The Society, in collaboration with local residents and other organisations, continues to campaign against the plans of local councils to dispose of their landholdings in the national park. Here is a press release that we issued jointly with CPRE at the end of January:
‘Fight for it or lose it,’
warn campaigners over Downland sale
Countryside campaigners have joined forces to issue an urgent appeal calling for local people to join the battle to save thousands of acres of Downland before it is ‘too late’.
The Sussex branch of the Campaign to Protect Rural England (CPRE Sussex) and The South Downs Society are hoping a new wave of ‘people power’ could force Eastbourne Borough Council to rethink its plans to sell-off the land, which was originally bought for the people of Eastbourne in 1926.
“We think it is unacceptable that the council is now looking to auction this land off to the highest bidder for short-term economic gain,” says CPRE Director, Kia Trainor. “The council must halt and reconsider this plan and we are hoping that a strong message from the people of Sussex will make them do so.”
“This land includes of some of Sussex’s most iconic landscapes, and was acquired for the people of Eastbourne ‘in perpetuity’ in order to ensure that it was protected ‘for the enjoyment of all.’”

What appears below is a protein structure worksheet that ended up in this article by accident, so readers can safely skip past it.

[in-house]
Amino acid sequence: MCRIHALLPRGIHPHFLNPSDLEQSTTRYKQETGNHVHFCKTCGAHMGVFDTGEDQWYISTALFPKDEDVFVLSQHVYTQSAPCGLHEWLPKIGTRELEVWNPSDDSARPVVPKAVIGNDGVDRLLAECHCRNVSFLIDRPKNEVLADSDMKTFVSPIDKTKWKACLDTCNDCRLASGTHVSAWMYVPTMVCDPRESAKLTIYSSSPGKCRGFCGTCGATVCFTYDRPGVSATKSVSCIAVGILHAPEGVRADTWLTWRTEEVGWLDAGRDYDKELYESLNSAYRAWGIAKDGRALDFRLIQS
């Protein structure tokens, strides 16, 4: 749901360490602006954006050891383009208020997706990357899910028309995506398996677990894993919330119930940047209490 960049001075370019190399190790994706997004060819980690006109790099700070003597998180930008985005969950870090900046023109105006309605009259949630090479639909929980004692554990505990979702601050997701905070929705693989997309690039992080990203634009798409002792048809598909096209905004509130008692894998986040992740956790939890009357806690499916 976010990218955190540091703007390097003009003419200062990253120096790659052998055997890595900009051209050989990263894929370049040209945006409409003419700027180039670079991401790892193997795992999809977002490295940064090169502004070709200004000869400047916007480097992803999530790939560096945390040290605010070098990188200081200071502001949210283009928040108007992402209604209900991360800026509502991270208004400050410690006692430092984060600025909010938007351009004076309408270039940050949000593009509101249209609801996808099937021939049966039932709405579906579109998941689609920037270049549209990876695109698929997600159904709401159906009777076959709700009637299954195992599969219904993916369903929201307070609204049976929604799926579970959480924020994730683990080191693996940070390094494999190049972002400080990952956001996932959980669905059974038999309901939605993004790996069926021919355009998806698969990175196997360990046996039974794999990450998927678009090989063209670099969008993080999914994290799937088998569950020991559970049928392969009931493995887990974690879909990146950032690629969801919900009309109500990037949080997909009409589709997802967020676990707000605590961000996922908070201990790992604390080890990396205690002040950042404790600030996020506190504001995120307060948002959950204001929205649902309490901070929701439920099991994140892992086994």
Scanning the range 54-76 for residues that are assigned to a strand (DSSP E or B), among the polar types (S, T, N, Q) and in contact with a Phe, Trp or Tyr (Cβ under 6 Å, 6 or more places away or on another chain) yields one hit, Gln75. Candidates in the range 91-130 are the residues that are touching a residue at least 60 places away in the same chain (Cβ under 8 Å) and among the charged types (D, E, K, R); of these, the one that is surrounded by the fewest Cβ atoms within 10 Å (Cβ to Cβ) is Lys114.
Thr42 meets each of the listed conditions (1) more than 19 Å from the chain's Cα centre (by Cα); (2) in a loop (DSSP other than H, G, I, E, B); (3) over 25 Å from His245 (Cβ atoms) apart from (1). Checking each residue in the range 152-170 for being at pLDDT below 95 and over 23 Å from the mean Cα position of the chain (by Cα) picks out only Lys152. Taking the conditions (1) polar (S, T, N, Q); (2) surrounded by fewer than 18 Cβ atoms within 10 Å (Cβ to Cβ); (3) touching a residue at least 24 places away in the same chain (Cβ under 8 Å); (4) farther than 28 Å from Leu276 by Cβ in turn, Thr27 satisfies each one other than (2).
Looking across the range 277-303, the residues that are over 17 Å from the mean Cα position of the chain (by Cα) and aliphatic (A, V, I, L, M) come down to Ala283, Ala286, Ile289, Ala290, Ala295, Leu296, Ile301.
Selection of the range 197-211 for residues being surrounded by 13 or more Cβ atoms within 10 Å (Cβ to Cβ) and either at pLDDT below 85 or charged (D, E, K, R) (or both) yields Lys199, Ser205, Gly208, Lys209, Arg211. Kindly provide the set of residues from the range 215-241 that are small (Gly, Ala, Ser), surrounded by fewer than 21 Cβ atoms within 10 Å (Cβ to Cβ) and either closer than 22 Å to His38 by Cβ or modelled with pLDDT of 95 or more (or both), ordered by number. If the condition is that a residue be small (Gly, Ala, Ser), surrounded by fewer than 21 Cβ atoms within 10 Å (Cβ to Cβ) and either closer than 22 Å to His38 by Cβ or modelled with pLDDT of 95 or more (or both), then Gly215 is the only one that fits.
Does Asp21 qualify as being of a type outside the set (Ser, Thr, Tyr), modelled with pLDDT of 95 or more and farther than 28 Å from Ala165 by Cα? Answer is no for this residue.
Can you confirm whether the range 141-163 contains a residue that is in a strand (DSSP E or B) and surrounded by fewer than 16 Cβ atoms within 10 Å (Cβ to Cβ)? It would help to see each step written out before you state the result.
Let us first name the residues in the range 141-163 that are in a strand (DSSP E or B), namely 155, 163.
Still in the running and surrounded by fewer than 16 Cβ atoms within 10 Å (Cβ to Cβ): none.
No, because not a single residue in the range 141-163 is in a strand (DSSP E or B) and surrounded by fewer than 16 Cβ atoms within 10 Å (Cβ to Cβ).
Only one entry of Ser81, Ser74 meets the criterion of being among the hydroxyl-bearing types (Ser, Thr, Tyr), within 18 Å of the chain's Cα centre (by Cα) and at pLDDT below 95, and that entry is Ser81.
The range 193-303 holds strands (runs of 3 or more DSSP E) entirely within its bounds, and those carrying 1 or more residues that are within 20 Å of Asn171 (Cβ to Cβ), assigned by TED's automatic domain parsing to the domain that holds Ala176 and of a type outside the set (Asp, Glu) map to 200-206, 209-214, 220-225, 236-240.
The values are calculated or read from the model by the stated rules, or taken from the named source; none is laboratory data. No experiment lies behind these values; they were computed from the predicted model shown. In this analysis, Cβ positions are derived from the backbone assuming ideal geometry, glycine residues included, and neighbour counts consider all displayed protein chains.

Many local residents are still unaware of the Council’s intention to sell the land which is made up of four farms in the South Downs National Park. The Eastbourne Downland Estate extends to 4,200 acres – much of which is internationally important due to its unique biodiversity and rare wildlife habitats.
“This policy on the part of the Borough Council to put at risk all the environmental and recreation gains made since the downland was bought has united not only Eastbourne residents but all those with a love of the South Downs,” says Steve Ankers, Policy Officer for the South Downs Society. “This would be a betrayal of the far-sighted vision shown by the Council nearly a century ago.”
Eastbourne Borough Council says that if it is sold the land would still be protected by the planning restrictions imposed by the National Park Authority and by legislation covering its public rights of way. However, the campaigners say this won’t go far enough and have warned that landscape enhancement, archaeology and visitor access will all be in jeopardy.
“For Eastbourne, it is a short-term and rather desperate ‘family silver’ sale, seeking to rob downland Peter to pay for urban regeneration Paul,” says Phil Belden, former Director of Operations at the South Downs National Park.
“Public ownership provides the opportunity to influence the way our land is managed. As constituents we can engage with our councillors/officers to achieve commendable conservation and access gains. Unless there is a benign private owner, there can be no assurances.”